Sometimes I feel left out of some deeper level of patriotism because my 9/11 experience, which I think defines patriotism for my generation in some ways, wasn't on US soil. Other than stories about kids being hurt, 9/11 stories are the surest to make me tear up, and that makes me feel intrinsically American. In the end though (and the road there is a different story), I'm so grateful that my experience of living through 9/11 has given me the foundation for that little bit of change that I am seeking to affect in the US, and it has everything to do with protection of immigrants and asylum seekers, especially when they're coming from countries that aren't on good terms with the US. Isn't that what America is about? Don't we have a big lady hanging out at the entry way to this place tattooed with the words, "give me your tired, your poor, your huddled masses yearning to breathe free, the wretched refuse of your teeming shore. Send these, the homeless, tempest-tossed, to me." Why don't we focus on THAT when we talk about the values this country was built on that we're losing? [image]

I get completely disgusted when people go on about how our nation was founded on Christian principles, and we've now turned away from being a God-fearing nation. Bull shit. There's no such thing as a Christian or God-fearing nation, and we sure as hell never were one. God isn't obligated to bless America, and why should he? We aren't and never have been set apart from the rest of the world in his eyes, and the creation of America as we know it wasn't his pet project. Oh, and P.S., our forefathers weren't pillars of the Christian faith or infallible in any way. They were politicians (granted, with many wise and commendable ideas and traits) just like we have today. Why do we insist on clinging to their ways so blindly? Nations, times, and people change - it's okay for us to amend laws and practices created over 200 years ago when the founders had absolutely no way of knowing what their fledgling nation would be like centuries later. We think people who haven't adapted to the last 200 years of life are cooky, so why do we think that sticking to a national code that's 200 years old is always the right thing to do? 

This country was founded on greed and hostility, as well as a need for a place of asylum. Why do we gloss over the greed and hostility, and get rid of the asylum, one actually great part about our beginnings? Furthemore, if we're so worried that our country is losing ground on the world stage, wouldn't the diversity and fresh pair of eyes and new talent brought by immigrants and asylum seekers only aid in making us more relevant and competitive as a nation? Immigration is the issue closest to my heart because I think it is very closely tied to the future and health of our nation. I think there is nothing more hurtful or disgusting than American citizens forgetting that they're only where they are at now because America once let their forefathers in as immigrants.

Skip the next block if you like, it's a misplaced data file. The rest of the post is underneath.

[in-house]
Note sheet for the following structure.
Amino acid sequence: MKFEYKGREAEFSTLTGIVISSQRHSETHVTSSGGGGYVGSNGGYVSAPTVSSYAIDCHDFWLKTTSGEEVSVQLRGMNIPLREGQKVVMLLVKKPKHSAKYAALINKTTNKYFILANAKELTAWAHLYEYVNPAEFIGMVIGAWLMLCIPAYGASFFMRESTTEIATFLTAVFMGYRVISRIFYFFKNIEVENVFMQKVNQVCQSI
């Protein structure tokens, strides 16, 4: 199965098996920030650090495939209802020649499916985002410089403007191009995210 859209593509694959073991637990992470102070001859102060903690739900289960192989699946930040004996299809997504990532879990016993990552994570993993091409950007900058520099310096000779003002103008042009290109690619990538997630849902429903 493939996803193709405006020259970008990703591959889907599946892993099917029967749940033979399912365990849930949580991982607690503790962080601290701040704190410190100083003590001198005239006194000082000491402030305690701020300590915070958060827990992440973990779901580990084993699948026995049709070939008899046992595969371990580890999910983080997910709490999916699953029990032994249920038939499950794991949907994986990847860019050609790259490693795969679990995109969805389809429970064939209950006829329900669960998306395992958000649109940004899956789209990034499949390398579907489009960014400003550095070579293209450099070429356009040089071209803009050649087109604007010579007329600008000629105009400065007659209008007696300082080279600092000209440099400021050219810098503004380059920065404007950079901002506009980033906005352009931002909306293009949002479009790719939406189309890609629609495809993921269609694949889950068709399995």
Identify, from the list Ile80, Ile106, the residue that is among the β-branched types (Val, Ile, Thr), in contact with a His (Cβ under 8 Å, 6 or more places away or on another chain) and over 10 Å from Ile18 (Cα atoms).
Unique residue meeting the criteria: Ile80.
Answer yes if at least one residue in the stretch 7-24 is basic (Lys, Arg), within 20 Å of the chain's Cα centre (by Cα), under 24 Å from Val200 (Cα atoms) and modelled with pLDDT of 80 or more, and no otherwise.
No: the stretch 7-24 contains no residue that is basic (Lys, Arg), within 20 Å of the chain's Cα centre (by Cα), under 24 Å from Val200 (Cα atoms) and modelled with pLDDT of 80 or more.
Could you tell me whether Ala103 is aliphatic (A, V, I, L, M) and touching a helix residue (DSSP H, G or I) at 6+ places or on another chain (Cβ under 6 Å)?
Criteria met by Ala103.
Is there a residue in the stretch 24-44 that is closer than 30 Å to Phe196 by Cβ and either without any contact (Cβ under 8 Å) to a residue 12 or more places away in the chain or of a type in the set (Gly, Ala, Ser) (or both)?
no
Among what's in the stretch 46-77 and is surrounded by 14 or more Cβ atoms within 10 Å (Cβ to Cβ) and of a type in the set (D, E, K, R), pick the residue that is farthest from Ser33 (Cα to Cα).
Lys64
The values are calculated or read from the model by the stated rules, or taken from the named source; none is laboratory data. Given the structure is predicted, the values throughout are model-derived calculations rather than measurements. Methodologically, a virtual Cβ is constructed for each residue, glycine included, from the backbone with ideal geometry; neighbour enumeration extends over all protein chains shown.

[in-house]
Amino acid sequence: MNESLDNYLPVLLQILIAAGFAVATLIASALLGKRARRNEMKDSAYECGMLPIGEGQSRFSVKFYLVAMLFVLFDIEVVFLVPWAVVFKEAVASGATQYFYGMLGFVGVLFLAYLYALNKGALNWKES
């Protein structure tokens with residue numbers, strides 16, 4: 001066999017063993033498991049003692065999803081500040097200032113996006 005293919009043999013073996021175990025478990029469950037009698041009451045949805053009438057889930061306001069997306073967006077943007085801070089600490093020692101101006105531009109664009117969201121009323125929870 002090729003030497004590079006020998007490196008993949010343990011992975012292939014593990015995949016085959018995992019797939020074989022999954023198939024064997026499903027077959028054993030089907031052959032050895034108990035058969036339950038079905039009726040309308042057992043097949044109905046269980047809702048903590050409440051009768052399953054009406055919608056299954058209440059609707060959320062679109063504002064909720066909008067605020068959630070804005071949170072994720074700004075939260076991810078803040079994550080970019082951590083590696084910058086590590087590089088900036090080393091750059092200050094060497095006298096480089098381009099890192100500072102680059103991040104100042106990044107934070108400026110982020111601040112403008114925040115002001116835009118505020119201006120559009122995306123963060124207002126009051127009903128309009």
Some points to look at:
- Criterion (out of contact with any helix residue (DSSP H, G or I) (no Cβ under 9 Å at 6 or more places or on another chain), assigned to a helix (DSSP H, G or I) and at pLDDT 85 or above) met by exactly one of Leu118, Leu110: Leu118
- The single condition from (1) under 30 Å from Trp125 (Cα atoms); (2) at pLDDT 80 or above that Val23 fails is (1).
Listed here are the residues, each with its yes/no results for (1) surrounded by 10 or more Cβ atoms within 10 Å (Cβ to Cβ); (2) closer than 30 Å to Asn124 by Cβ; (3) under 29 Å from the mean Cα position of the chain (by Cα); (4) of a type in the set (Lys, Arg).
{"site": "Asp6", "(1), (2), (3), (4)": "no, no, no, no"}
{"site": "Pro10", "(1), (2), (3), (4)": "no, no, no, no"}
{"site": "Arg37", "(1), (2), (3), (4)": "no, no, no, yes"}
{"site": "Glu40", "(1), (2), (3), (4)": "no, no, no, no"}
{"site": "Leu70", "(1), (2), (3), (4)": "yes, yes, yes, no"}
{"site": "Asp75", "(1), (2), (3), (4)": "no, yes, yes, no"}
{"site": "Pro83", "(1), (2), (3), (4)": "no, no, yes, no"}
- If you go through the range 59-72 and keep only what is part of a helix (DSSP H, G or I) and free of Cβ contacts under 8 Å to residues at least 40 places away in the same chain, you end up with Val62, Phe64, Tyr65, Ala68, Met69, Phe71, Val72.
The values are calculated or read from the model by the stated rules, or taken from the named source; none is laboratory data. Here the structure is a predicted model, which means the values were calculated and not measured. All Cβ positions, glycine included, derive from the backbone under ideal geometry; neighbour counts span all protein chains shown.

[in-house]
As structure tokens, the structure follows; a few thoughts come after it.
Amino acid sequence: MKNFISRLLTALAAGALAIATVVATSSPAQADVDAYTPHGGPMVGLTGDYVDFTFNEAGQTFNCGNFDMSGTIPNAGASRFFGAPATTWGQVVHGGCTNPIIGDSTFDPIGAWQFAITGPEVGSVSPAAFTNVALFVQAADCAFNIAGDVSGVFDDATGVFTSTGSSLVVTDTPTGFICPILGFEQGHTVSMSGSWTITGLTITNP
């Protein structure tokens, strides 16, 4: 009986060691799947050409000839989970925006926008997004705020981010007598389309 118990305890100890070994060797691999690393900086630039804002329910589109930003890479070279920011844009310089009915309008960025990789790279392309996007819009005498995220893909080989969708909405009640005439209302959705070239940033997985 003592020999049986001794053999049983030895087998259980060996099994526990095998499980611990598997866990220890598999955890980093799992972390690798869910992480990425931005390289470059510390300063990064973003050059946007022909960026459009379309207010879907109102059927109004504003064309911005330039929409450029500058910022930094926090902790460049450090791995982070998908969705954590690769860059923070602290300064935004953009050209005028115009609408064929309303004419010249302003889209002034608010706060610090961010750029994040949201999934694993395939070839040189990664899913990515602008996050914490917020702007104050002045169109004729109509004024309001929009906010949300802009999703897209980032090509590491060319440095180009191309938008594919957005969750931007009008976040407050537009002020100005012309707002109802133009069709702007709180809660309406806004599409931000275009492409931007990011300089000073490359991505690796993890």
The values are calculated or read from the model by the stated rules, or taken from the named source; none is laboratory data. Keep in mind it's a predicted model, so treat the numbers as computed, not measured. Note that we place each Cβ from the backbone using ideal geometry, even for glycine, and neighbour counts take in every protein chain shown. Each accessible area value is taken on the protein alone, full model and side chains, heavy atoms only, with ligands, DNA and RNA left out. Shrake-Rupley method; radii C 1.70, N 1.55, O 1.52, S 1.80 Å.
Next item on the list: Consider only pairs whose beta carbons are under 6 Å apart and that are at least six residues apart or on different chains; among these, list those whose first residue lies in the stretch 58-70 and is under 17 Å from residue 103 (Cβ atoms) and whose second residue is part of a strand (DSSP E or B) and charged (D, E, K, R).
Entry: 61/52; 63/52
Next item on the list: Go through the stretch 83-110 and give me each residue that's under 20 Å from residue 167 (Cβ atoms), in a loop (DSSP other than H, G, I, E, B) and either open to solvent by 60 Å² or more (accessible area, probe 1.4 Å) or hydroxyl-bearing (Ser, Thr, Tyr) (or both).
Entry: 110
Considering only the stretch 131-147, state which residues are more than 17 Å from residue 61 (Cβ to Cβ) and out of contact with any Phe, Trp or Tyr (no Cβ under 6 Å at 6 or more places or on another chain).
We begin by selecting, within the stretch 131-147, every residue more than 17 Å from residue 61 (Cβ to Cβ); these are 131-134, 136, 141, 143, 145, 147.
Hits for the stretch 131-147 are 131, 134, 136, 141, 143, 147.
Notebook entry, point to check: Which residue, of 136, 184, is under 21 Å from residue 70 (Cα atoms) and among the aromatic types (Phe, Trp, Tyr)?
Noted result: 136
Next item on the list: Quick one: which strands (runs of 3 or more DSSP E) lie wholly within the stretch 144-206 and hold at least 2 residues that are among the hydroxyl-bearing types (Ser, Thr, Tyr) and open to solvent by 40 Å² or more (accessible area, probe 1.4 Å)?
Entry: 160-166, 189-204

Let's get out of our suburbs and our cul de sacs and use the freedoms we have to ensure that our kids have a great, if different, America to live in 50 and 100 years from now. Did you know that the term cul de sac is a French term meaning "bottom, or ass, of the bag". "The cul-de-sac especially, with its uterine shape and having the word 'sac' in it, gave me the feeling that I spent my early years coddled and sheltered in an asphalt womb" (source). Remaining sheltered and blind to our role in a world that is increasingly interconnected is folly. 

As frustrated as I get in the face of bigotry toward immigrants, I love this quote used by Jeff Speck in his excellent TED Talk: "Americans can be counted on to do the right thing after they've exhausted the alternatives." I have hope for this country and I believe in it, even when it's a big pain in my ass. We fight for what we love, right? Or in Biblical terms, where your treasure lies, there also is your heart. As Sarah Vowell put it, "when I think about my relationship with America, I feel like a battered wife. Yeah, he knocks me around a lot, but boy, he sure can dance." Sometimes America and Americans really hurt me, especially when I see how I contribute to the parts that make my soul ache, but I think there is still great potential here. 

So back to Suzanne's question,"What SHOULD a country be? What should its citizens be proud of as a national identity, as national characteristics? What should it not be proud of?" To me, at this point in my life, I think my country should be a safe place, a mother with arms wide open to embrace those who need her. I am proud of my fellow citizens who work diligently to give others the opportunities that we have has American citizens, and I'm proud of my fellow citizens who utilize their freedom to make some small mark on this planet, even if they'll never have the chance to give the president a piece of their mind, change his mind, or be the president themselves. We should never be proud of being exclusive about what we've been given. This independence day, let's remember those who want nothing more to be in on this dream, and think about about how we can make that dream a reality for as many people as possible.  

No comments:

Post a Comment

Related Posts with Thumbnails